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and Deer v. King, 30 S.W.2d 980 (Mo. 1930). The Subdivision Plats qualified in all material respects as easement deeds. As a matter of law, the Subdivision Plats effectively conveyed easements to Laclede. B. Laclede’s easements conveyed by the Subdivision Plats are compensable property rights. Just as there can be no dispute that the Subdivision Plats conveyed easements to Laclede, there can similarly be no doubt that easements are compensable property rights. Easements are “constitutionally cognizable property interests.” First Unitarian Church of Salt Lake City v. Salt Lake City Corp., 308 F.3d 1114, 1122-23 (10th Cir. 2002); see also Brooklyn E. Dist. Terminal v. City of New York, 139 F.2d 1007, 1011 (2d Cir. 1944) (“There can be little doubt that easement rights are subject to compensation….”). “It is well established that the government may not take an easement without just compensation.” Ridge Line, Inc. v. U.S., 346 F.3d 1346, 1352 (Fed. Cir. 2003), citing U.S. v. Dickinson, 331 U.S. 745, 67 S.Ct. 1382 (1947). The protections against the taking of private property without just compensation set forth in the United States and Missouri constitutions thus apply to easements, like any other property rights. “Government condemnations of easements are takings under the Fifth Amendment and entitle the grantor to compensation.” First Unitarian Church, 308 F.3d at 1122, citing Dolan v. City of Tigard, 512 U.S. 374, 114 S.Ct. 2309 (1994). The majority below recognized the general principle that private property may not be taken by the government without just compensation but failed to discuss that principle further (presumably because the majority avoided the fact that the Subdivision Plats conveyed Error! Unknown document property name. -21-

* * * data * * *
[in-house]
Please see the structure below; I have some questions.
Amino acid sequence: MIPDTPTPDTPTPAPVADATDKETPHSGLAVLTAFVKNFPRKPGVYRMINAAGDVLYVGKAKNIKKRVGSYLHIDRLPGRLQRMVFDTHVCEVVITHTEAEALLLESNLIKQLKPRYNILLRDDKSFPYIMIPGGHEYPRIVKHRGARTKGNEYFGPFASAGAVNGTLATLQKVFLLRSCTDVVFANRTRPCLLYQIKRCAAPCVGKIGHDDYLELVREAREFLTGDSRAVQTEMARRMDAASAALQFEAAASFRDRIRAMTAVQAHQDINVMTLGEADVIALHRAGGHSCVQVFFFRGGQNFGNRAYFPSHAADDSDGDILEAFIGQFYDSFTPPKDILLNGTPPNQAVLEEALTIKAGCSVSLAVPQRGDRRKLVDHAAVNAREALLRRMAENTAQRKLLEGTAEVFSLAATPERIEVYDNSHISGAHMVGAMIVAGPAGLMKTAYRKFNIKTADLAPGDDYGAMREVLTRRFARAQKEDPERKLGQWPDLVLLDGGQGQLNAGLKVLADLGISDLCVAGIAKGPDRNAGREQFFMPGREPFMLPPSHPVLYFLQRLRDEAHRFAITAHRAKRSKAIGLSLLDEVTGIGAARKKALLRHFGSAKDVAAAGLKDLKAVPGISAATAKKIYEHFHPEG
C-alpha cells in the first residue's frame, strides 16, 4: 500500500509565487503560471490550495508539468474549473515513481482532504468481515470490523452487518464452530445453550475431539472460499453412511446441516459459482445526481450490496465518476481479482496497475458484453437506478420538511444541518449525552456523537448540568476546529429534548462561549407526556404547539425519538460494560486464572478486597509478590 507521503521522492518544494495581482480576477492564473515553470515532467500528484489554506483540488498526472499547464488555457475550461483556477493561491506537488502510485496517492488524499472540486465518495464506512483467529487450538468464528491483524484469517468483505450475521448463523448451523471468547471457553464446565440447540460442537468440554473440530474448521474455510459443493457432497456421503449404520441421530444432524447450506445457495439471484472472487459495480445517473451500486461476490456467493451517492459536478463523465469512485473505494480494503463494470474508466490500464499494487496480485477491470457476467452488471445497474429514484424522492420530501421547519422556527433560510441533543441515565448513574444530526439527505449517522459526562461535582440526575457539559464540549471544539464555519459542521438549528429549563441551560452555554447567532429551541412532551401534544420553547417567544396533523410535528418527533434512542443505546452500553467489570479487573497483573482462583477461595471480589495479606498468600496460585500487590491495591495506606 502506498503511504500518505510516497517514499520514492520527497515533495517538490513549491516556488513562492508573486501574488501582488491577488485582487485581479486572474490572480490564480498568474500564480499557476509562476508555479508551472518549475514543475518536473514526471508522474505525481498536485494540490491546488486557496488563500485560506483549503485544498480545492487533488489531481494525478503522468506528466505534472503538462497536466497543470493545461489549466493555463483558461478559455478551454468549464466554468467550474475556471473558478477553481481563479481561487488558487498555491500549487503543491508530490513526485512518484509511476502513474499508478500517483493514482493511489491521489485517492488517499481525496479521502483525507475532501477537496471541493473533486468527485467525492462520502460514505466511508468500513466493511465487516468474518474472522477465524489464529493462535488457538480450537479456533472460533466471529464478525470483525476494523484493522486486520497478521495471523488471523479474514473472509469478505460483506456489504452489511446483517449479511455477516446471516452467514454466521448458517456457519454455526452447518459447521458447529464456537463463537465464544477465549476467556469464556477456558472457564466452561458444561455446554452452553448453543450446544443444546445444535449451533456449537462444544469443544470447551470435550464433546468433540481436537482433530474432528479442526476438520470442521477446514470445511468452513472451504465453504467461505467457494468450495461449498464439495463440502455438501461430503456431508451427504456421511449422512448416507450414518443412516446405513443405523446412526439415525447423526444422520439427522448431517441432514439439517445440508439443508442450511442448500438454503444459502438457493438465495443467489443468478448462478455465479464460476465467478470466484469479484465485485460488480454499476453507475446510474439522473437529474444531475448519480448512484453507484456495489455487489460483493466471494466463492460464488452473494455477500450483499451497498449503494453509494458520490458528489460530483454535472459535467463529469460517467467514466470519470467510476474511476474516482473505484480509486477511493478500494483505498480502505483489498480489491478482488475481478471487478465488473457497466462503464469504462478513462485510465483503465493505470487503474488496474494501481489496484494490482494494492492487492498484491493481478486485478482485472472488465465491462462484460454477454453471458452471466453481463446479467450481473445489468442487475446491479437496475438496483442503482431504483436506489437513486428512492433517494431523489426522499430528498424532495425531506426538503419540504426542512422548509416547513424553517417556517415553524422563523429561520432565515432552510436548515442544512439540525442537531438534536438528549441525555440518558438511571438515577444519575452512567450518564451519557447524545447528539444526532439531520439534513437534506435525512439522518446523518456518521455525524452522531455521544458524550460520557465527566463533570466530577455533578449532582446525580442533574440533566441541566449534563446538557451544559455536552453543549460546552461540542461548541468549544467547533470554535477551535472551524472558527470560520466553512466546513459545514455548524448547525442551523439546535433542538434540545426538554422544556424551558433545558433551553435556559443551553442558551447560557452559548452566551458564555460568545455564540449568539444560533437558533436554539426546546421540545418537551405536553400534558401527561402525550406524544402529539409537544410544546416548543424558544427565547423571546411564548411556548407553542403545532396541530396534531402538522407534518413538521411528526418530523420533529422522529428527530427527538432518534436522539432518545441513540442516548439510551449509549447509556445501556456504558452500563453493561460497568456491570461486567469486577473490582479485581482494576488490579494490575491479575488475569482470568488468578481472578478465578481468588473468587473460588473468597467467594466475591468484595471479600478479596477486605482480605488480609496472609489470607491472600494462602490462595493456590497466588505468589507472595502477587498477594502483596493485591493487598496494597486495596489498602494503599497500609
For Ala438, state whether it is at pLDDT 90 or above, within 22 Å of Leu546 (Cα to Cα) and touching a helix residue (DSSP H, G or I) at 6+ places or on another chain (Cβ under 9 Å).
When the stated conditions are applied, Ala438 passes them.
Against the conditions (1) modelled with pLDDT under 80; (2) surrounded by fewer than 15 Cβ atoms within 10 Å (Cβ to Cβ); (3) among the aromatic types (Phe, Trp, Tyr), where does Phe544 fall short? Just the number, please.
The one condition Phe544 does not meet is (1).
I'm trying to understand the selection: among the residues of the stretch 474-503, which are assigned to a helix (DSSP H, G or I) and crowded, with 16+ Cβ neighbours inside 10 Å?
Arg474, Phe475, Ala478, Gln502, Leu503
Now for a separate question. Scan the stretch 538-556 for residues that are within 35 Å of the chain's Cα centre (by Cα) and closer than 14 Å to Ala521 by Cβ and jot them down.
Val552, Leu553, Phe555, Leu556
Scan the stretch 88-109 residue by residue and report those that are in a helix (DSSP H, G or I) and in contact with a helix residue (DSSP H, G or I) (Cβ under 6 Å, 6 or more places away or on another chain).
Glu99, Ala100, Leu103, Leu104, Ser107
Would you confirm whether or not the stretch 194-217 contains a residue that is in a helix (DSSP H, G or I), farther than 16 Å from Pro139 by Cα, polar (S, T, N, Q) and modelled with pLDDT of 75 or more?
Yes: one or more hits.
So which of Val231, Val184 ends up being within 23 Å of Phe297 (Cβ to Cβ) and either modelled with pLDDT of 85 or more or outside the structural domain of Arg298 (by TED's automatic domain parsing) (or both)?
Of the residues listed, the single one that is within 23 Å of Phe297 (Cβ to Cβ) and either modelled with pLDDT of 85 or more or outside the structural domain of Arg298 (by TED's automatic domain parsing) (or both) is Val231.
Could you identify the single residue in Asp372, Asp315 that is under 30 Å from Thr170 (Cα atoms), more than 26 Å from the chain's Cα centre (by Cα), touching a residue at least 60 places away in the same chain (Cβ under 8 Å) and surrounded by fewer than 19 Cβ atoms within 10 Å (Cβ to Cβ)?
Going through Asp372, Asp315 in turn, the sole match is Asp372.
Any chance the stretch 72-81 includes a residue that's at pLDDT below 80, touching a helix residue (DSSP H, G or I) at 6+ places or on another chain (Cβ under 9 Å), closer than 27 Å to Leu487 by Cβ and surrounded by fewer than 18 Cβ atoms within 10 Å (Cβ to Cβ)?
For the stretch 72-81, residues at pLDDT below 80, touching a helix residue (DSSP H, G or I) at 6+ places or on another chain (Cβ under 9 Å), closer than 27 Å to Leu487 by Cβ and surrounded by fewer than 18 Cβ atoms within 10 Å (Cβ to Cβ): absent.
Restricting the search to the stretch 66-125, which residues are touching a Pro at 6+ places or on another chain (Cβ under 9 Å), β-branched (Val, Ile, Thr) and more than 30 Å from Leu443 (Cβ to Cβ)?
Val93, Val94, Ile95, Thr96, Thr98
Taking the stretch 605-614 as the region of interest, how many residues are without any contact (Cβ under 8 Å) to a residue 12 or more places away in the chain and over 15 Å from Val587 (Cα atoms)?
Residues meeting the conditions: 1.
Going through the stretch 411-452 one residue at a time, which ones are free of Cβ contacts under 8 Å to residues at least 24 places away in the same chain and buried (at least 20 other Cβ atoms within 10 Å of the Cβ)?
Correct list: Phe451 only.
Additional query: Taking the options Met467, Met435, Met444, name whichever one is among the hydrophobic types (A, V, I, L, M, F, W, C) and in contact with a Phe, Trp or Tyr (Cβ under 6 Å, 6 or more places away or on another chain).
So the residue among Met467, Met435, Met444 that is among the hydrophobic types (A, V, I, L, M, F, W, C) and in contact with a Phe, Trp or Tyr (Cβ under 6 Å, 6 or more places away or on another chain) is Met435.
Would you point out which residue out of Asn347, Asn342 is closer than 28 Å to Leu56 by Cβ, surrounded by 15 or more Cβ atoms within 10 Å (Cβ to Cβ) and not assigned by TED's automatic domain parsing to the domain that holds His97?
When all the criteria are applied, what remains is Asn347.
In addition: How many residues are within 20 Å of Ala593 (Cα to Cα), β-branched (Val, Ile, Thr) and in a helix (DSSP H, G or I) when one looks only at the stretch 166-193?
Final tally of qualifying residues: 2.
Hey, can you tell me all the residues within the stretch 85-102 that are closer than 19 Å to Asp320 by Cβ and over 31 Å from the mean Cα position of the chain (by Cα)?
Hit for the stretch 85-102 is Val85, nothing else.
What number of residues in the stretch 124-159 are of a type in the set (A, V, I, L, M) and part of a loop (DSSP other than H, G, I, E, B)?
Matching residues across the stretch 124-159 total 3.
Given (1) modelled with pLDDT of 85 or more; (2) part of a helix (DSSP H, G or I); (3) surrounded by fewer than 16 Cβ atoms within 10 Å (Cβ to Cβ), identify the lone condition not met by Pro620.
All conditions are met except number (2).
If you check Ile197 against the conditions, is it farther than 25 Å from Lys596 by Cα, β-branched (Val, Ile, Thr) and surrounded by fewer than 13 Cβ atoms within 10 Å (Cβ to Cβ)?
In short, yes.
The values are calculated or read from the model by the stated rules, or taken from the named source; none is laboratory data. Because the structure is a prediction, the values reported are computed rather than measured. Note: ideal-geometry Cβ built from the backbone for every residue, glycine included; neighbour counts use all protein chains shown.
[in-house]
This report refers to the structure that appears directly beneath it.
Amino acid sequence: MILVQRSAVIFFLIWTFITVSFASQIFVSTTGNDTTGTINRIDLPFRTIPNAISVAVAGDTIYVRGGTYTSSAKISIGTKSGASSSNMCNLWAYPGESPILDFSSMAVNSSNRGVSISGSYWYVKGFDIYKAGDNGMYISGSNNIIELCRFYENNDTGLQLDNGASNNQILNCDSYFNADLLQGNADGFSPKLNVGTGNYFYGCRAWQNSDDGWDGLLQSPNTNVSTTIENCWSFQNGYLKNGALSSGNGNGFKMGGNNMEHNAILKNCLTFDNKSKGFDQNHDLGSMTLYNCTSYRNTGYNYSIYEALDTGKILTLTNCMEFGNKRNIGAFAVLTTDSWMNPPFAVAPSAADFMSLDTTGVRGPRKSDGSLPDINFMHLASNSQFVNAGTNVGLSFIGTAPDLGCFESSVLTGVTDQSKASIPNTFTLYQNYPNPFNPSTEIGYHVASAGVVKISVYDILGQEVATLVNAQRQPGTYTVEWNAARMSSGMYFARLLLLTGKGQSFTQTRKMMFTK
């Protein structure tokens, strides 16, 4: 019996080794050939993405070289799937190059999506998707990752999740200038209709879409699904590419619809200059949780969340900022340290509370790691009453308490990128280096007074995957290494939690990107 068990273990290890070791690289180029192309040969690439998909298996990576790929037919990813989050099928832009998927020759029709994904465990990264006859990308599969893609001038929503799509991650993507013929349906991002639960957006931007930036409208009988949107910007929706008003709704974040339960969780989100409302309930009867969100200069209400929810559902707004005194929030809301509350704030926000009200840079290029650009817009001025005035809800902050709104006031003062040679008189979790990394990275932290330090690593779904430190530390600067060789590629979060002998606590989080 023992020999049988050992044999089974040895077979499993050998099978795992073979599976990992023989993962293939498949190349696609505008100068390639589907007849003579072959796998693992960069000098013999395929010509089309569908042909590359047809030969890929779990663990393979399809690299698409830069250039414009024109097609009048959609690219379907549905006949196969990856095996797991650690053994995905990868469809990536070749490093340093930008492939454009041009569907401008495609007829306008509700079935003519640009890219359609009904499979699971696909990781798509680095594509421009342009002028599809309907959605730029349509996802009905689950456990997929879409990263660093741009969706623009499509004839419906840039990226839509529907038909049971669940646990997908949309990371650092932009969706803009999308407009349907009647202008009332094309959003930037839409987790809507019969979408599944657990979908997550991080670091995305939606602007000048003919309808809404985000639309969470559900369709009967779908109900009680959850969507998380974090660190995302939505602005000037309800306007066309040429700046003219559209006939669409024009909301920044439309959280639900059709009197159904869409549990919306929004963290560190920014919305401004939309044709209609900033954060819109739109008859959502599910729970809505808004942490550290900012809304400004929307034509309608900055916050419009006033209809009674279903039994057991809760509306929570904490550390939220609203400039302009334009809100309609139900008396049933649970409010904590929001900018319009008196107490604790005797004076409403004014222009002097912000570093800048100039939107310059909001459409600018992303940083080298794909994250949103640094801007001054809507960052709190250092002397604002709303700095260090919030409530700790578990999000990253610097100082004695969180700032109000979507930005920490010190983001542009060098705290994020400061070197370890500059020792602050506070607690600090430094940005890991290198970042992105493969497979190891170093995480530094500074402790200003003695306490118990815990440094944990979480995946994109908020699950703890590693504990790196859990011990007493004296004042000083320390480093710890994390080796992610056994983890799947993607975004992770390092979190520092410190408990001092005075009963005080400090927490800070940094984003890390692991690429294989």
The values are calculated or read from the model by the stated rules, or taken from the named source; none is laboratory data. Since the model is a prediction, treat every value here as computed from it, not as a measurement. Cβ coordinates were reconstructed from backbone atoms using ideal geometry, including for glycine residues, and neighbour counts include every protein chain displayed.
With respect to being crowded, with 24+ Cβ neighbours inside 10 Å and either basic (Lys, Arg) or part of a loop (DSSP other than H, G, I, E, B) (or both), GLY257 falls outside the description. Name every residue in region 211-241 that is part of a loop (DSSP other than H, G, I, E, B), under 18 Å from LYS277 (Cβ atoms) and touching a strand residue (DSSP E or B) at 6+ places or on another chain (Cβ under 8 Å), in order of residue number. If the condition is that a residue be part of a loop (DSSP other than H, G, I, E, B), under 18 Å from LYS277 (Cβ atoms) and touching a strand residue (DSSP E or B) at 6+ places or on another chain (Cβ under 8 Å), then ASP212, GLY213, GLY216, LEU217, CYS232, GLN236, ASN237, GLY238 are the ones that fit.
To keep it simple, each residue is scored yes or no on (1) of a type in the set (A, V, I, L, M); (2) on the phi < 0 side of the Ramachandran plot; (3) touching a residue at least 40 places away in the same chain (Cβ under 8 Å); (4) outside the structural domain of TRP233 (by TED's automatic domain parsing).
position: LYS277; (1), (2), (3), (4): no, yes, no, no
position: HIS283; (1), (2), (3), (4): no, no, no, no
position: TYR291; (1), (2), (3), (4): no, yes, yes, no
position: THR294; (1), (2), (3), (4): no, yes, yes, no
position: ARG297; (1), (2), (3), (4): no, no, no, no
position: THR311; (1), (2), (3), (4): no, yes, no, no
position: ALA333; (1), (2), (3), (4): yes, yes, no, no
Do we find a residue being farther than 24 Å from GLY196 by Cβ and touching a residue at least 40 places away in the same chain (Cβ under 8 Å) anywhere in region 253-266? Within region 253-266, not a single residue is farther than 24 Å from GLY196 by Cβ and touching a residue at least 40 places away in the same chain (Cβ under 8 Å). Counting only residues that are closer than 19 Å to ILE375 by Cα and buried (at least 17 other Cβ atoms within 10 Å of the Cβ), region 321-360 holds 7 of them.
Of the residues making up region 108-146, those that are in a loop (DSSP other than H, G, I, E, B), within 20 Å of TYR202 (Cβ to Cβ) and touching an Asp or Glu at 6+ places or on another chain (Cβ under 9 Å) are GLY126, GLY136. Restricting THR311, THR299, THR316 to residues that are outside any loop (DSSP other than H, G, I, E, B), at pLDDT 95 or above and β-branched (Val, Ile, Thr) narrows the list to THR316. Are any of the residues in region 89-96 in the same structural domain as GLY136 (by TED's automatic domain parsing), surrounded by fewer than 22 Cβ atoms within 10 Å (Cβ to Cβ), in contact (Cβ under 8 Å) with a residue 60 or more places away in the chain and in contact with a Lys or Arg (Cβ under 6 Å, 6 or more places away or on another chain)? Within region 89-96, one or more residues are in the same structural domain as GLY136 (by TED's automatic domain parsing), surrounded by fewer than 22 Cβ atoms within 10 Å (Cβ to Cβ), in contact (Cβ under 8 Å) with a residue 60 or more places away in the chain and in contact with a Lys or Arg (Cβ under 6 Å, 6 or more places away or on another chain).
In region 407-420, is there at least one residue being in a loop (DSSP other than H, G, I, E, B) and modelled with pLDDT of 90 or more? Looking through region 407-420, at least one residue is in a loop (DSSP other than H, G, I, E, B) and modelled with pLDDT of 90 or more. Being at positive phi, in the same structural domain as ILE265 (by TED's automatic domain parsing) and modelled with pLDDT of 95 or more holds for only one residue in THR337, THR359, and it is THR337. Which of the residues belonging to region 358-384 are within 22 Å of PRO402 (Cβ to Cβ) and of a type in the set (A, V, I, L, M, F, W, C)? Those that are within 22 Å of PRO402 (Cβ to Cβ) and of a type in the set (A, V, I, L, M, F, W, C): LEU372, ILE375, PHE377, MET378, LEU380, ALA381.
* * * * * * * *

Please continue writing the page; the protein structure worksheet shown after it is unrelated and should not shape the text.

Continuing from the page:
easements to Laclede). See Op. 6. The dissent below, however, found that “[w]ithout a doubt on our facts, private property has been taken.” Id., Op. Dissent, 5. The undisputed facts here demonstrate that the Subdivision Plats conveyed easements to Laclede. The law is well-settled that Laclede is entitled to just compensation for relocating the Subject Gas Lines from those easements. C. The County’s attempt to force Laclede to move its gas lines located in easements would constitute a taking of Laclede’s property without just compensation. Because the Subject Gas Lines are located in easements owned by Laclede, the County cannot compel it to move its gas lines without compensation. At least two controlling cases have examined this issue, and both concluded that a utility must be compensated when a governmental entity requires it to move lines located in easements belonging to the utility. In Panhandle E. Pipe Line Co. v. State Highway Comm'n., 294 U.S. 613, 617-18, 55 S.Ct. 563 (1935), the Kansas Highway Commission attempted to require a pipeline company to move its lines located in an easement to accommodate a road construction project. There, the Supreme Court succinctly held that “the challenged statute [purportedly requiring the move] authorizes an arbitrary and unreasonable order by the state highway commission, whose enforcement would deprive appellant of rights guaranteed by the Federal Constitution.” Id. at 623. The Court further held that requiring the move, without just compensation, would constitute a “disregard of constitutional inhibitions” against the taking of private property without compensation. Id. at 619. Error! Unknown document property name. -22-